What inspired you to study public health?
During my penultimate year of medical school, I was engaged in clinical rotations in Nigeria when I witnessed a heartbreaking incident where a mother lost her child to meningitis, a vaccine-preventable disease. This experience had a profound impact on me and made me realize the critical importance of equitable access to primary healthcare. Although I had initially intended to specialize in cardiology, I became deeply passionate about population-based approaches to healthcare, particularly in relation to effective health policies.
In pursuit of my goals, I decided to minor in health economics, as I firmly believe that every health policy has its trade-offs, and as future health policymakers, it is our responsibility to ensure that these trade-offs do not have any detrimental consequences. The science of health economics involves utilizing scarce resources to address insatiable human health needs, and thus, it is essential to integrate economic perspectives in developing effective and efficient health policies. By doing so, we can improve health outcomes and achieve more equitable access to healthcare.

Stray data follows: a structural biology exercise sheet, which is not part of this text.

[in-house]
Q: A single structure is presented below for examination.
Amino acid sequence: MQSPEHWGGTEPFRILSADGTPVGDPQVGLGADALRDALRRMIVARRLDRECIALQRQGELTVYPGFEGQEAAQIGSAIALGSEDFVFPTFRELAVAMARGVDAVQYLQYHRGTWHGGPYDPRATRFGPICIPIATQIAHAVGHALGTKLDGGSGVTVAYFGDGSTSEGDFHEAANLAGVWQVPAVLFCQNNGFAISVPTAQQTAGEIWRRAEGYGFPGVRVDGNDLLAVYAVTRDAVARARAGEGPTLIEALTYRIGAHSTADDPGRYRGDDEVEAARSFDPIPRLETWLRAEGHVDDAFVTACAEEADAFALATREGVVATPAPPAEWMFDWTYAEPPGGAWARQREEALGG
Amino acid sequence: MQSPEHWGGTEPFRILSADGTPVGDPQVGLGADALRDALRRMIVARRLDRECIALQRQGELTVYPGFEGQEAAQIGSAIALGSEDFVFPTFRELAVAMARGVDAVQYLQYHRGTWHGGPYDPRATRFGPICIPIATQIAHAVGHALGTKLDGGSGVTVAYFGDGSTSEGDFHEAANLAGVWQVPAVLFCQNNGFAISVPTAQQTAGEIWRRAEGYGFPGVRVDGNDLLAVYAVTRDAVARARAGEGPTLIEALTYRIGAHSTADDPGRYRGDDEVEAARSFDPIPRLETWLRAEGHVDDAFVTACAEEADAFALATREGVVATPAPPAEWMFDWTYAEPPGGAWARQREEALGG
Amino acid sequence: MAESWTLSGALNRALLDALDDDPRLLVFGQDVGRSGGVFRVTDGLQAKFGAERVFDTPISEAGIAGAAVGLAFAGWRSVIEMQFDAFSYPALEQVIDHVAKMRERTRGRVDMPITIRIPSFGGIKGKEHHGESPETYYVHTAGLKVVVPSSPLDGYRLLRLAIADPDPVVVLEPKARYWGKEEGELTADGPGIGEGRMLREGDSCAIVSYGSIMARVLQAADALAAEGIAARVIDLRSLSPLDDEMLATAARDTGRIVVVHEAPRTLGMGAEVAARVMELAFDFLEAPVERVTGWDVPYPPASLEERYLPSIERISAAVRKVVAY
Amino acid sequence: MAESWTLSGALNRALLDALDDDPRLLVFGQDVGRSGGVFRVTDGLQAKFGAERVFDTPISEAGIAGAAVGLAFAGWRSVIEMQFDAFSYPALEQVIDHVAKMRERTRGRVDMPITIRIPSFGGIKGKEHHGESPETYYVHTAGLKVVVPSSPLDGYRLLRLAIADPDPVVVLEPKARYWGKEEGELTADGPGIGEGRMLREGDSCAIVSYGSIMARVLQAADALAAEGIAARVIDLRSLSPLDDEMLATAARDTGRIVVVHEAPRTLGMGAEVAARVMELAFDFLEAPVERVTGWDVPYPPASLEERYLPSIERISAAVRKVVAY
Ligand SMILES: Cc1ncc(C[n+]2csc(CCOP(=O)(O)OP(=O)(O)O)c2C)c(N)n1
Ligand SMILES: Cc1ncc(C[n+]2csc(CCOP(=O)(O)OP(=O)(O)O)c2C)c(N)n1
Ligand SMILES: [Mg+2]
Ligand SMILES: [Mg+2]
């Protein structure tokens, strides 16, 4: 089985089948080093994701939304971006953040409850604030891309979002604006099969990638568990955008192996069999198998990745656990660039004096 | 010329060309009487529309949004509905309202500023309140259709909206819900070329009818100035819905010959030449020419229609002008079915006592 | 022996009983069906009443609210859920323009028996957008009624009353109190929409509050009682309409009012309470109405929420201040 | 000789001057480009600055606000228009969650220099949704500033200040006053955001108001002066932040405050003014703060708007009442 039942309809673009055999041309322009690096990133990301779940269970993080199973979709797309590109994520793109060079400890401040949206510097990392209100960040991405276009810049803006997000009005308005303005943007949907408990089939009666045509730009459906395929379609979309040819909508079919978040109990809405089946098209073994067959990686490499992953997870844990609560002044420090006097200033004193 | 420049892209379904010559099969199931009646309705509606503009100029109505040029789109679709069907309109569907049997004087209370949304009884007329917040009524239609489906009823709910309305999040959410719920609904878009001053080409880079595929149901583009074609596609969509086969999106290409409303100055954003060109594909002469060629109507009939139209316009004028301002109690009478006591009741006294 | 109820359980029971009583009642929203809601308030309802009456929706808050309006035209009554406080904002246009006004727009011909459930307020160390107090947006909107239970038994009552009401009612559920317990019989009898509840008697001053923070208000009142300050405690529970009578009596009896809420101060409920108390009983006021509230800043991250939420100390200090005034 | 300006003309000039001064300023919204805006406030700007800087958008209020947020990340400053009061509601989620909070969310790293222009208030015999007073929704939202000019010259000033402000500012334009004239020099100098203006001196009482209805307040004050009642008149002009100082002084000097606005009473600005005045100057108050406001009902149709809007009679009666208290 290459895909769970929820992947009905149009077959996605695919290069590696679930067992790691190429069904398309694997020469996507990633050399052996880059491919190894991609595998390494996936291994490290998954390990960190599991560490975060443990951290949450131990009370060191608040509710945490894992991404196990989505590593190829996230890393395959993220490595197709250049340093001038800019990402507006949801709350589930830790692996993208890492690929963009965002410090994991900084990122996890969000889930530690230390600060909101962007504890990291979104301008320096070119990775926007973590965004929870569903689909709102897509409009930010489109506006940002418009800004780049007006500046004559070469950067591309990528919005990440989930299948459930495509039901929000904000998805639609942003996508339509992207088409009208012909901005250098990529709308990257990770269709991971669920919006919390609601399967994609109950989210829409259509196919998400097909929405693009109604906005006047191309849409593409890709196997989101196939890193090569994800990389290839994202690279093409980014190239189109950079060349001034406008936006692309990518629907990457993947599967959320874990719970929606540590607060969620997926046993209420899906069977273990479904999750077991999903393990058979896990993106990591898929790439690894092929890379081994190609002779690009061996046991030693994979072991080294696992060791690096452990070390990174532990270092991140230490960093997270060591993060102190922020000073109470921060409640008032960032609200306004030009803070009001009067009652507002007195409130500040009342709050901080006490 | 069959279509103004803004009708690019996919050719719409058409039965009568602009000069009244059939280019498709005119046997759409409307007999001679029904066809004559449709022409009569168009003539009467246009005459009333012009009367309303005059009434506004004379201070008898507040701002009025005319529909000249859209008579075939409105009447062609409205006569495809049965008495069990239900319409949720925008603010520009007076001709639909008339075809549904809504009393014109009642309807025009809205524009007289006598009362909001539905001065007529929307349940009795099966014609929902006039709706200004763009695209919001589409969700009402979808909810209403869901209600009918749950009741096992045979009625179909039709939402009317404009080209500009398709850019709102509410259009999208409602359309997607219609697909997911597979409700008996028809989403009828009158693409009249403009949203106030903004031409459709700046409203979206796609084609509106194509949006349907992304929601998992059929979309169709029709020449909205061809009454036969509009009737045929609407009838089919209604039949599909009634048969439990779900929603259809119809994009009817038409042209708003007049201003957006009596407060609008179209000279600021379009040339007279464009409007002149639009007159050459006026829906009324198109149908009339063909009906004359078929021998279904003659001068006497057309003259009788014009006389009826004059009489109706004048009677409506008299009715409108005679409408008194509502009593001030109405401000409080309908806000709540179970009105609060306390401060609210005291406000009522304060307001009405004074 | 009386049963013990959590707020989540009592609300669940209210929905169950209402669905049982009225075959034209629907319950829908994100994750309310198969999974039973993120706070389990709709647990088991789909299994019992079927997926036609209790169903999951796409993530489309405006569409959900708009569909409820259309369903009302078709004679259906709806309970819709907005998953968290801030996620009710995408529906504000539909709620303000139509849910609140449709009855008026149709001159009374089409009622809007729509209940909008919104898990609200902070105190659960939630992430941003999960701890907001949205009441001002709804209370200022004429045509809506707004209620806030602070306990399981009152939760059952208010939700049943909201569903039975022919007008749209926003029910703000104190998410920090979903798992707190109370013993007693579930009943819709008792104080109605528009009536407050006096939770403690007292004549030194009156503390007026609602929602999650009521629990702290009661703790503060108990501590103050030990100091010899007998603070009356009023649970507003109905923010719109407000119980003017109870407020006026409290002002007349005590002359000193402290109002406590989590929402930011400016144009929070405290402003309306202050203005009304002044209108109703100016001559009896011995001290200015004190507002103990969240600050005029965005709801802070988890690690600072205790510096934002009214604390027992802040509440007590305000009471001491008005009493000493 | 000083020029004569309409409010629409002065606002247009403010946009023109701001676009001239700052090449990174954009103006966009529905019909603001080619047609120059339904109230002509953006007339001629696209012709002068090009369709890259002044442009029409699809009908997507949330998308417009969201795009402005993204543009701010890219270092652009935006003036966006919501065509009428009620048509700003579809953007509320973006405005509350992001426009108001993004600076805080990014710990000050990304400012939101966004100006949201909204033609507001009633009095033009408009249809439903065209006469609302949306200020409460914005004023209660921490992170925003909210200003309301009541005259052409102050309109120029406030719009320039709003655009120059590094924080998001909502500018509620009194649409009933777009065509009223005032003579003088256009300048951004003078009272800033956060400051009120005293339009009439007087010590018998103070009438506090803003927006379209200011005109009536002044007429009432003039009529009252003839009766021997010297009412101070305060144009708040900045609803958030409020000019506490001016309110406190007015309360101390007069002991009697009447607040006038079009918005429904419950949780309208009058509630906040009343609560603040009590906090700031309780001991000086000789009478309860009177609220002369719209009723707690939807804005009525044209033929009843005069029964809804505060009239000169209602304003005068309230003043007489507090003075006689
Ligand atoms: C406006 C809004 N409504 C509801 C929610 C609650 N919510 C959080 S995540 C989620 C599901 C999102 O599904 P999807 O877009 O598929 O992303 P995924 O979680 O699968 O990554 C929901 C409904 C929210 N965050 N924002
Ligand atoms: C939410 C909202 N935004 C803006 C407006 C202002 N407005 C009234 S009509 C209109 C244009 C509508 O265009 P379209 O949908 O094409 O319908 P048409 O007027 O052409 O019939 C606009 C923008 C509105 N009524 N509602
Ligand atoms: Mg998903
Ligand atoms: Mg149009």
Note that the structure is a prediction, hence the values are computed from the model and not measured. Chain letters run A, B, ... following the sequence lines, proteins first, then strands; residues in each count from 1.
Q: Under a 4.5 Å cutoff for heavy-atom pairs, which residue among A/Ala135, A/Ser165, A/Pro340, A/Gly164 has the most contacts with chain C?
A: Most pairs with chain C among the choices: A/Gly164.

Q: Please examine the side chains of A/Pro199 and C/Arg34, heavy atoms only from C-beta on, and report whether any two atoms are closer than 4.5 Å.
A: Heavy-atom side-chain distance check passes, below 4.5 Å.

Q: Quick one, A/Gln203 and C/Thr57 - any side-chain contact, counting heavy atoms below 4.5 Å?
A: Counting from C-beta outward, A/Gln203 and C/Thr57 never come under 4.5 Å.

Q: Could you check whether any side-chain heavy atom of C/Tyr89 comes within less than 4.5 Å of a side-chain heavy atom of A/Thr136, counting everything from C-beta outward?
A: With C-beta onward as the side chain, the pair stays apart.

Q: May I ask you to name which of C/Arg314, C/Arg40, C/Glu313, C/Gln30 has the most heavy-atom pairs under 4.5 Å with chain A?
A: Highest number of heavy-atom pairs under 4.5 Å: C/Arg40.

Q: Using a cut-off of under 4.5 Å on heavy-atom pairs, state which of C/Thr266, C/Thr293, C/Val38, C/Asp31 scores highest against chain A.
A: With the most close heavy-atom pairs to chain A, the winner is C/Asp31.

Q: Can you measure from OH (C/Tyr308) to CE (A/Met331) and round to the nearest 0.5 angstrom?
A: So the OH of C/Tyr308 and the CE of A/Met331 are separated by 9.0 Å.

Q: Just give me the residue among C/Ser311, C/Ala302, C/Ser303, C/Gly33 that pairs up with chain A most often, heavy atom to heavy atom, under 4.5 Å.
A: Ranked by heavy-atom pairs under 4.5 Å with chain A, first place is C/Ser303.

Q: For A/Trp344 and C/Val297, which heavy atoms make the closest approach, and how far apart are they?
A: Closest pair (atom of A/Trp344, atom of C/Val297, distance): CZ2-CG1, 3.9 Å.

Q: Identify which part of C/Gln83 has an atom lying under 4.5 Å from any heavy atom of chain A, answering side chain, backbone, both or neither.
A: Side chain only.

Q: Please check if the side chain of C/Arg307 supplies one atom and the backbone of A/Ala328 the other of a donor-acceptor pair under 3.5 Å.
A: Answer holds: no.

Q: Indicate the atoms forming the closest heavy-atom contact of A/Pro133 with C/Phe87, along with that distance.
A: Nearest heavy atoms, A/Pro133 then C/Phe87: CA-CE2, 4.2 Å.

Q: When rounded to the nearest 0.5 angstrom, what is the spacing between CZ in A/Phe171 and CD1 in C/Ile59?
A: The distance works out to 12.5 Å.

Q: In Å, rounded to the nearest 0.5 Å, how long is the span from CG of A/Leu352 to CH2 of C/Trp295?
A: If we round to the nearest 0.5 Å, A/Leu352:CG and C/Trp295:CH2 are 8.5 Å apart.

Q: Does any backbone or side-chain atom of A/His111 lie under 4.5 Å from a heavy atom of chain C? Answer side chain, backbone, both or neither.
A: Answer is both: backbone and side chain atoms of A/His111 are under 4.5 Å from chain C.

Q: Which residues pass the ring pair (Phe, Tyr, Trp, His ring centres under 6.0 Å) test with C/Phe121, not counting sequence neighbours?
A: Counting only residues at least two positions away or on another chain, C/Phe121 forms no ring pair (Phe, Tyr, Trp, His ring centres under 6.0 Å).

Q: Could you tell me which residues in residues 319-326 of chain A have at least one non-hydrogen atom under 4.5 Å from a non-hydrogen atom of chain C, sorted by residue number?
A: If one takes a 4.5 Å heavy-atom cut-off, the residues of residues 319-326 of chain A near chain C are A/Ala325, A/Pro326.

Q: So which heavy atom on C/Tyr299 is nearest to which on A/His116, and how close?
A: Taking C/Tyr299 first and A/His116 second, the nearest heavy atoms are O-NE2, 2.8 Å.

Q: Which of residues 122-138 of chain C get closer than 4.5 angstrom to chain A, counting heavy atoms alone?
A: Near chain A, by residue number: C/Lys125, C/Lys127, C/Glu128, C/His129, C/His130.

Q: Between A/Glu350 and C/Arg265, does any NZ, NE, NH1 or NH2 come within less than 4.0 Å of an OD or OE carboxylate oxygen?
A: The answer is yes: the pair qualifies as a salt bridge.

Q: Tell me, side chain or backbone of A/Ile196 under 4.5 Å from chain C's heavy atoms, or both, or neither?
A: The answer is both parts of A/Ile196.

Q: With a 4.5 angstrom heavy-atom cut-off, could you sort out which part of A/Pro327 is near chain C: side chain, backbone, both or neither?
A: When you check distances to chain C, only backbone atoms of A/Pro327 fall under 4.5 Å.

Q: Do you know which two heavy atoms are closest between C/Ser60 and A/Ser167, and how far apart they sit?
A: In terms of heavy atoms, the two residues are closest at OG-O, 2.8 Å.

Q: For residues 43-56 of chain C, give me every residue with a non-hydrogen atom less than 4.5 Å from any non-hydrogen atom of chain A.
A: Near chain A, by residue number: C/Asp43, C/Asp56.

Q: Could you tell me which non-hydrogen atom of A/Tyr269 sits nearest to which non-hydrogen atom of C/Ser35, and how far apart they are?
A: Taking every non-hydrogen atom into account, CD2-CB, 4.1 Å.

What has been the single most rewarding experience of your career/studies so far?
My most notable experience was during my capstone project, where I had the privilege to put several theoretical concepts I acquired in class to practical use. This project enabled me to gain profound insight into the significance of evidence-based interventions in tackling complex healthcare challenges. Furthermore, it highlighted the value of interdisciplinary collaboration in achieving optimal outcomes in healthcare delivery.
Where did you do your practicum? What was it about?
Children’s Hospital of Philadelphia – I had the opportunity to contribute to a nutrition project that leveraged a quality improvement and innovation framework to develop strategies aimed at addressing nutrition concerns during pediatric well-visits in a more equitable manner.
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